This weekend is the Super Bowl, and while I will be paying slightly more attention to the game because the Patriots are playing, my main interest is in the advertising. This year, I will be watching closely to see how many commercials drive to Facebook pages, in addition to or instead of, a website.
Because Facebook is clearly where so many brands are going these days. It reminds me a little of the “web rush” in the mid/late 90s when mainstream brands realized what many tech companies had grokked since the first browser in 1993, that the browser had changed the marketing equation for good. It was a little like a gigantic penny drop. Suddenly every brand had a website, and URLs were promoted everywhere.
Now it is Facebook. Everywhere. Marketing strategies built around Shares and Likes.
This makes me very nervous. Your marketing strategy should include Facebook. With its user base edging every upward to a billion, you would be foolish to not use the social network in your marketing plan.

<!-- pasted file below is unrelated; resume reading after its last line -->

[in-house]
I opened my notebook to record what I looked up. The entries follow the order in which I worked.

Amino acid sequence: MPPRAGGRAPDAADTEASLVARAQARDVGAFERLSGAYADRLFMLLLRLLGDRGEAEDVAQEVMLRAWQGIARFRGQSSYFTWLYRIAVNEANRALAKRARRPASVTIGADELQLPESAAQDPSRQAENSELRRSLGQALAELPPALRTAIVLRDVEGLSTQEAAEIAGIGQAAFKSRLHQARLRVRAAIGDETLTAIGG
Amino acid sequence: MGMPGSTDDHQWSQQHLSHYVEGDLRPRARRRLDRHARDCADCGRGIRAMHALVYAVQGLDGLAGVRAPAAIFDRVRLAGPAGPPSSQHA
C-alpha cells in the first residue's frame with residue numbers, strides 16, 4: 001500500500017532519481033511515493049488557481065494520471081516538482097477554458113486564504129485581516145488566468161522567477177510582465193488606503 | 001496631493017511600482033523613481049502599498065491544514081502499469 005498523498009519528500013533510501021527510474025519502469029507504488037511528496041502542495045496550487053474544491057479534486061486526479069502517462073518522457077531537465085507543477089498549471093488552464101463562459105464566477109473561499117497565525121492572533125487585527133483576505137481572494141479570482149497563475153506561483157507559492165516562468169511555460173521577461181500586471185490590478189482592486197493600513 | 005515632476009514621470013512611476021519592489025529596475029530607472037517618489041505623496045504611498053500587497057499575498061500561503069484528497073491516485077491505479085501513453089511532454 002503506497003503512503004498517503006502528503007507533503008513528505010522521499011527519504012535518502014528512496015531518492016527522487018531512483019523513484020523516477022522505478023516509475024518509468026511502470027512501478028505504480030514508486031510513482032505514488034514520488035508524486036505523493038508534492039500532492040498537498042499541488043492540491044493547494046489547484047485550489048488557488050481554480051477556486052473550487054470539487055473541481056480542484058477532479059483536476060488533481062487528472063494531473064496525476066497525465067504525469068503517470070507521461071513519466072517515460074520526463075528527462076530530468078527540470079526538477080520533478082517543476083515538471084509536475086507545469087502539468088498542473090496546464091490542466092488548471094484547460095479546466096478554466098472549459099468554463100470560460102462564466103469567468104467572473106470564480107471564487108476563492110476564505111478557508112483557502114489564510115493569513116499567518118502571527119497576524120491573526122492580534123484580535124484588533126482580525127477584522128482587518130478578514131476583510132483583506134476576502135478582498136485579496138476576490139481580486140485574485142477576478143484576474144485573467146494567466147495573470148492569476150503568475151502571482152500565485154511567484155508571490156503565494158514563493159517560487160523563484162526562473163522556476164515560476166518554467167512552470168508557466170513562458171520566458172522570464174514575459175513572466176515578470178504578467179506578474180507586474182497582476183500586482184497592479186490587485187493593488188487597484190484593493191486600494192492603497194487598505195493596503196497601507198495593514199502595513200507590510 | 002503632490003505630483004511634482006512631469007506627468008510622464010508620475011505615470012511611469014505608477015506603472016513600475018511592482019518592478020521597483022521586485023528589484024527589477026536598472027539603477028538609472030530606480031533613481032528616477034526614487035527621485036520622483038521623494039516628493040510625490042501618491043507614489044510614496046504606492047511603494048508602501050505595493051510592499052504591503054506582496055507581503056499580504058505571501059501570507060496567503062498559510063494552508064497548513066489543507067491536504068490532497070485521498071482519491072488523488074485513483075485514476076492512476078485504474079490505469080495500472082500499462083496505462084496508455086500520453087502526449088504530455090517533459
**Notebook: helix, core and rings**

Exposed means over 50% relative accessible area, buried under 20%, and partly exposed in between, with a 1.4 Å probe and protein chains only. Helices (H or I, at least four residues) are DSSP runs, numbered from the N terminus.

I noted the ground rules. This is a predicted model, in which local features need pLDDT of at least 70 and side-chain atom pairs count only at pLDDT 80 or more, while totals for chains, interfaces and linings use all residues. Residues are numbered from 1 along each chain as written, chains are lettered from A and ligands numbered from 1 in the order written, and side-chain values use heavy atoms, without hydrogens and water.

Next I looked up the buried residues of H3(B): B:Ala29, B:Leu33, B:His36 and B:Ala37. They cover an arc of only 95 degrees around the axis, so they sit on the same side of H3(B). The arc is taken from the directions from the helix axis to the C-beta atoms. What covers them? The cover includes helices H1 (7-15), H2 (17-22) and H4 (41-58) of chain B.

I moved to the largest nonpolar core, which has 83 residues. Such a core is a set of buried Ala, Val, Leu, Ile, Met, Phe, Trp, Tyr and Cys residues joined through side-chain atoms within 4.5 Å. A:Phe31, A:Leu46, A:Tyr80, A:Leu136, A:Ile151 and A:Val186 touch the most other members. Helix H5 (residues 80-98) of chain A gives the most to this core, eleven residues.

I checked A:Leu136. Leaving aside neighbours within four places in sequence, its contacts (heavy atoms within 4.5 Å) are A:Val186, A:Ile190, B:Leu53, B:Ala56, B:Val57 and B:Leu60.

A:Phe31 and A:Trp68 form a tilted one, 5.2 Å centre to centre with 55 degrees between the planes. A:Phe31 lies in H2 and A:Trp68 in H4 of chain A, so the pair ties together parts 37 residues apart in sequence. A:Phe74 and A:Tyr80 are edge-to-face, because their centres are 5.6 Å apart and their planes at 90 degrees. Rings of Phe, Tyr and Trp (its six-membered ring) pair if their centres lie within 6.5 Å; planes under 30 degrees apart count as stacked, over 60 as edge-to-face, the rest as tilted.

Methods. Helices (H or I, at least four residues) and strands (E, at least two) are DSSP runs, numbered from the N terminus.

BUT, your marketing strategy shouldn’t be a Facebook strategy. No matter how small or large you are, don’t put all your eggs, even just for a single promotion, into one basket.
Especially this basket, over which you have no control. All those fans you are spending so much of your budget acquiring? Your connection with them relies almost entirely on Facebook. Sure, you can sign them up for email lists and such, but the community aspect? That happens on Facebook.
And what Facebook gives, Facebook can taketh away. Not literally of course. But it can change its terms or add fees. I am not saying it will hold your brand hostage, but it could.
So, when you are integrating Facebook into your marketing strategy, think about how you can leverage its benefits while protecting your brand’s assets and consumer goodwill.